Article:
COCONUT OIL – THE NEW “IT” GIRL?

Coconuts whole and halved on a graduated blue studio background

Coconut oil is the latest ‘it girl’ in the food world. It has been touted as being able to:

  • reduce the risk of heart disease
  • speed up metabolism and increase satiety thus helping with weight loss
  • reverse Alzheimer’s Disease

However, many of these claims are anecdotal. Large randomized controlled studies, the gold standard of scientific research, are still needed to prove these claims with any certainty.

Coconut oil is a largely saturated fat, 92% saturated, compared to butter which is 60% saturated or lard at 40%. Saturated fat has been a big “no no” as it can raise LDL (bad) cholesterol levels. However, the majority of fats in coconut oil are called medium chain fatty acids (MCFA). MCFA are metabolized differently than long chain fatty acids that are contained in other saturated fats like butter and animal fats. The results are that it does not raise cholesterol to the same extent as butter. One study found that although coconut oil does raise LDL it also raises HDL (the good cholesterol) at the same time.

olive oil

Although some benefits exist, coconut oil is still a saturated fat which should be eaten in moderation. It may be one step up from butter; however, it does not compare to the well- studied beneficial effects of olive oil on cardiovascular health. Olive oil, by comparison, decreases total blood cholesterol, LDL cholesterol and the LDL-HDL ratio. It is high in anti-oxidants that help neutralize free radicals that can damage cells that line our blood vessels. It has also been shown to reduce blood pressure. It is clearly a better choice than coconut oil. For an interesting point by point comparison of olive oil vs coconut oil click here.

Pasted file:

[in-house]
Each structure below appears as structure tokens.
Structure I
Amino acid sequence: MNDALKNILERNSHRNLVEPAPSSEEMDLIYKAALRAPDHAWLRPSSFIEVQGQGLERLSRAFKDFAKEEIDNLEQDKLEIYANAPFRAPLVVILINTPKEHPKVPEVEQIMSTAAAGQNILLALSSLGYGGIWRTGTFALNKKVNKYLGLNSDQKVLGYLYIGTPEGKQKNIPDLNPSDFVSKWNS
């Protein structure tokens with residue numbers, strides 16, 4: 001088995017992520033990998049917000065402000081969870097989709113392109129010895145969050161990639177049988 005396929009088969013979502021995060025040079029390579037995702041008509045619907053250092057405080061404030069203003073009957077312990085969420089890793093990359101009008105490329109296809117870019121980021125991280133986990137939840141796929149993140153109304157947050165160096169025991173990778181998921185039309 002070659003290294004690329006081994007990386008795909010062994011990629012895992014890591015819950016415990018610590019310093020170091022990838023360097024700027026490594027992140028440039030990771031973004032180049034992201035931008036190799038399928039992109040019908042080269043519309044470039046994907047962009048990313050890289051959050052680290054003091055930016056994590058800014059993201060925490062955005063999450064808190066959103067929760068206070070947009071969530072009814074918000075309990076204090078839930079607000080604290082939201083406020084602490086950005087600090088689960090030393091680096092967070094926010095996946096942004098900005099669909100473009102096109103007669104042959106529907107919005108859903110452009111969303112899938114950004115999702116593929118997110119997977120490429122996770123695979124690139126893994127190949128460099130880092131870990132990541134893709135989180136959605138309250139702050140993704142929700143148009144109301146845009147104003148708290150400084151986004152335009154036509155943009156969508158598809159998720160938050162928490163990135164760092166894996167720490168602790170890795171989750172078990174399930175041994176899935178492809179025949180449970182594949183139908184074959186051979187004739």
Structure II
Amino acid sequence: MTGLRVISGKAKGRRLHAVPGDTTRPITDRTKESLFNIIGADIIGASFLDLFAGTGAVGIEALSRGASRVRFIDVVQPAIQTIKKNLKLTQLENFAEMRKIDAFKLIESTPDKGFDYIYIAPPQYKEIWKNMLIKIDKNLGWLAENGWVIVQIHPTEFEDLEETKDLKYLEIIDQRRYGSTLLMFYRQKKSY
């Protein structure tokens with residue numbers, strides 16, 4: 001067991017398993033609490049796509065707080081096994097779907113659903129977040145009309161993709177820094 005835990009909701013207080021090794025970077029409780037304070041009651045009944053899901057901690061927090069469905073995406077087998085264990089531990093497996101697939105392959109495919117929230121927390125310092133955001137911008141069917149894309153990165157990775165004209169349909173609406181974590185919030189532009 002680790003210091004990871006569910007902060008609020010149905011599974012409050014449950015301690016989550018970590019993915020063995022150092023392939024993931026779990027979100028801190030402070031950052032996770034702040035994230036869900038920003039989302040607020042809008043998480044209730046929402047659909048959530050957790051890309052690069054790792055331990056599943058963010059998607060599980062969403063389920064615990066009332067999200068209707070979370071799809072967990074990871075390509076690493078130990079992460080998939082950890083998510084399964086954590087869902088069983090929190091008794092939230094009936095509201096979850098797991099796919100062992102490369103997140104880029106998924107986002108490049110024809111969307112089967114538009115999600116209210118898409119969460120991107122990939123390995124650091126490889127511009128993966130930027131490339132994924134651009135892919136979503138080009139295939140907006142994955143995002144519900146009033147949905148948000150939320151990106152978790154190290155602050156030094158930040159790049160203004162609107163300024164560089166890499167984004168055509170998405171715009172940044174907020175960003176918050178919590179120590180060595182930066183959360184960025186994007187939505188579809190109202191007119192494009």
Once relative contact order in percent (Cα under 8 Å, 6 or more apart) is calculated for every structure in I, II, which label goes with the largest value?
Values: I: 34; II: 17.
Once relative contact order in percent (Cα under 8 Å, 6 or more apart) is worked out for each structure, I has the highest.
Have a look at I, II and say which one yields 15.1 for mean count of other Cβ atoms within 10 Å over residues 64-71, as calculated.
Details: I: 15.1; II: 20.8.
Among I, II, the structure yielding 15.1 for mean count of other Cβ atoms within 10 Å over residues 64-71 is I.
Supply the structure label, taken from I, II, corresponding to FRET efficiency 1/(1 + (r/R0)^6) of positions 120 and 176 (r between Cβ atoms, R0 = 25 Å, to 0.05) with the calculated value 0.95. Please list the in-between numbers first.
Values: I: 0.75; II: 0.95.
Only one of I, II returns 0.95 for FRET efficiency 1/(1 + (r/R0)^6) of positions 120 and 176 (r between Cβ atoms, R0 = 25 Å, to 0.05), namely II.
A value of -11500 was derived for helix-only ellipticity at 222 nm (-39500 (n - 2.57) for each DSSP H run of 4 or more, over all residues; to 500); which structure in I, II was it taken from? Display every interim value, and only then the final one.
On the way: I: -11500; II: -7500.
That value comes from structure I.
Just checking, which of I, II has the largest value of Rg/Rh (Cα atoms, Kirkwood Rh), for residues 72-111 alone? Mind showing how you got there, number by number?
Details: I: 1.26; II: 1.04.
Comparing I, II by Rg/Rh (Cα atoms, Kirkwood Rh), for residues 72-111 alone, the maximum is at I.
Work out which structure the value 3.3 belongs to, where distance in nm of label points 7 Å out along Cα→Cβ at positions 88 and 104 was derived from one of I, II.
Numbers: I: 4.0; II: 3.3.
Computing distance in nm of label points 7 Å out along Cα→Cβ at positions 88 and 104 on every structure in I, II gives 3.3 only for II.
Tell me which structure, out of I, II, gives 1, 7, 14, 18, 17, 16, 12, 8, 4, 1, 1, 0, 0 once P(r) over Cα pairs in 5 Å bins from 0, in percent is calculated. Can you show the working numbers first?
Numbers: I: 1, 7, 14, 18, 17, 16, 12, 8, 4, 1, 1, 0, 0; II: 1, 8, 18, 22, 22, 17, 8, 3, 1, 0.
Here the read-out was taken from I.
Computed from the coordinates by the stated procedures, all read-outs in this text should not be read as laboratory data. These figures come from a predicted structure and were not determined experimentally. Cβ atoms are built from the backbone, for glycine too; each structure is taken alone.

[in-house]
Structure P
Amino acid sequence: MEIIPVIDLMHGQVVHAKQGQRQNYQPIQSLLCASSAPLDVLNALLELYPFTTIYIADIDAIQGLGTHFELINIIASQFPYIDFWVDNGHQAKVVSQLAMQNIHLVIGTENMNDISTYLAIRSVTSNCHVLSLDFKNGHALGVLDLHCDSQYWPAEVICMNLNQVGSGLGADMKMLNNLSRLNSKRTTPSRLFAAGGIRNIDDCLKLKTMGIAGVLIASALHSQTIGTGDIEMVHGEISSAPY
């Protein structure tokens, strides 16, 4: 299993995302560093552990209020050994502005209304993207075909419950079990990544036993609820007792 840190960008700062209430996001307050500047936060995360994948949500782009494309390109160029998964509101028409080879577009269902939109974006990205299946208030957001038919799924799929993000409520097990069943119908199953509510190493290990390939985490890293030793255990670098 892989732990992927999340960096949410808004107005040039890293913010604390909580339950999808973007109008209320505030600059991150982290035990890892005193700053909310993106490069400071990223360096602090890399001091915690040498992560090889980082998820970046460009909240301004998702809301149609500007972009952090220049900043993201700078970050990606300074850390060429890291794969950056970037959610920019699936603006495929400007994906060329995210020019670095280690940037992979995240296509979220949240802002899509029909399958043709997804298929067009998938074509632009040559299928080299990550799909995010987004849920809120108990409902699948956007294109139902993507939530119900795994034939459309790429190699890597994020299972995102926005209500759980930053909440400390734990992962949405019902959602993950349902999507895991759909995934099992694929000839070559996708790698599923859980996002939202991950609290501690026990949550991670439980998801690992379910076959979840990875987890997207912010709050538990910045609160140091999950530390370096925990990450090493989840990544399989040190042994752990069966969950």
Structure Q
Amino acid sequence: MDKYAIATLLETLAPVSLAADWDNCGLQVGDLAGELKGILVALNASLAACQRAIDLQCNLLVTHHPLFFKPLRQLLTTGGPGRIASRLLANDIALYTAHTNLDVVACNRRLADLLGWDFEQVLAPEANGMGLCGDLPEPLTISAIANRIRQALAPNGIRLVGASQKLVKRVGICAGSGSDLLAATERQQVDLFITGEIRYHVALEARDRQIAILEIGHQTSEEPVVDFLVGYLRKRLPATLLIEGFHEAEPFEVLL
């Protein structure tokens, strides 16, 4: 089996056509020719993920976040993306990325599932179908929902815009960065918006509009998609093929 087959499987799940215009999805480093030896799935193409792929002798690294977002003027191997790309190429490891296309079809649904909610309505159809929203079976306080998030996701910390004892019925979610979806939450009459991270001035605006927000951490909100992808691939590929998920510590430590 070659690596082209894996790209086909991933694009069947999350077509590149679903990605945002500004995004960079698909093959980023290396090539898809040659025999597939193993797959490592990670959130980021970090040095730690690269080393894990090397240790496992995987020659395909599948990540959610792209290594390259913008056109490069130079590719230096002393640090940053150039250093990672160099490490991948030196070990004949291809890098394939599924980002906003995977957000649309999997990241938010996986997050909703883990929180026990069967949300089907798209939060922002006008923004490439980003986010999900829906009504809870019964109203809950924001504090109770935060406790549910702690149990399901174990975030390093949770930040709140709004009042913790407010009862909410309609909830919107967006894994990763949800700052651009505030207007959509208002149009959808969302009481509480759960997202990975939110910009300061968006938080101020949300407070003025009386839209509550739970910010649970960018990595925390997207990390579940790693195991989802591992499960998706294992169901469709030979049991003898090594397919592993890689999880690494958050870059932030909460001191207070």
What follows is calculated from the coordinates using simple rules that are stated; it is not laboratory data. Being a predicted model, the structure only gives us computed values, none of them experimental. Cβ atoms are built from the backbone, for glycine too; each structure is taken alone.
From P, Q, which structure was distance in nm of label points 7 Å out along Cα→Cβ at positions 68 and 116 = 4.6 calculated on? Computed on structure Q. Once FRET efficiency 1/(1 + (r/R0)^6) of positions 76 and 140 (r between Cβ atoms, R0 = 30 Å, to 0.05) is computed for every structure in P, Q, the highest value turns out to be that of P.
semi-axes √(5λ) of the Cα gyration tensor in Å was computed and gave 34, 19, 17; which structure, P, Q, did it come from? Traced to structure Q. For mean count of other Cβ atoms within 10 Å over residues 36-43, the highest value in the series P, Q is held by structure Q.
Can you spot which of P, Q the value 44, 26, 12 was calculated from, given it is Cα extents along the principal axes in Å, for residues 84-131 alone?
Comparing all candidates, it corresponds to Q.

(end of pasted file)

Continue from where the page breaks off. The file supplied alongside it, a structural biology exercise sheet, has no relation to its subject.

The belief that coconut oil may aid in weight loss is based upon the unique way it is metabolized in the body. Unlike long-chain fatty acids (LCFA), MCFA are absorbed into the blood stream and delivered directly to the liver to be metabolized into energy.  MCFA are not stored in fat cells as readily as LCFA. This can be helpful, particularly for an endurance athlete who is looking for alternative sources of energy to keep fuelled up throughout an event.

However, to date there is no hard scientific evidence that substituting coconut oil, in particular, for other fatty acids leads to significant weight loss. Coconut oil is still a fat that contains 9 calories per gram, compared to 4 calories for protein or carbohydrates. Eating too many calories in any form will lead to weight gain be that from coconut oil, butter or lard.

A blend of MCFA, called caprylidene, was used in a small study on Alzheimer’s patients that did show improved results on cognitive scores. This lead to the production and marketing of caprylidene as a medical food called Axona. Axona is only available by prescription and the cost can be prohibitive for some. Therefore, many have turned to coconut oil in order to save money with the hopes that its blend of MCFA will have a similar effect. Reports that coconut oil are beneficial to Alzheimer’s patients are, at this stage, purely anecdotal as no study has yet to be completed that shows coconut oil can also improve cognitive scores in Alzheimer’s patients. Studies are, however, currently been carried out the results of which should be available towards the end of 2014. So for now, watch this space.

The Bottom Line

Coconut has a wonderful flavour and there’s no problem using it occasionally, especially in place of butter or lard.  However, don’t trade in your tin of extra virgin olive oil for a container of coconut oil just yet.  The monounsaturated fatty acids of olive oil have again and again proven to provide superior health benefits to those of the newly Woman applying cream to shoulderpopular coconut oil.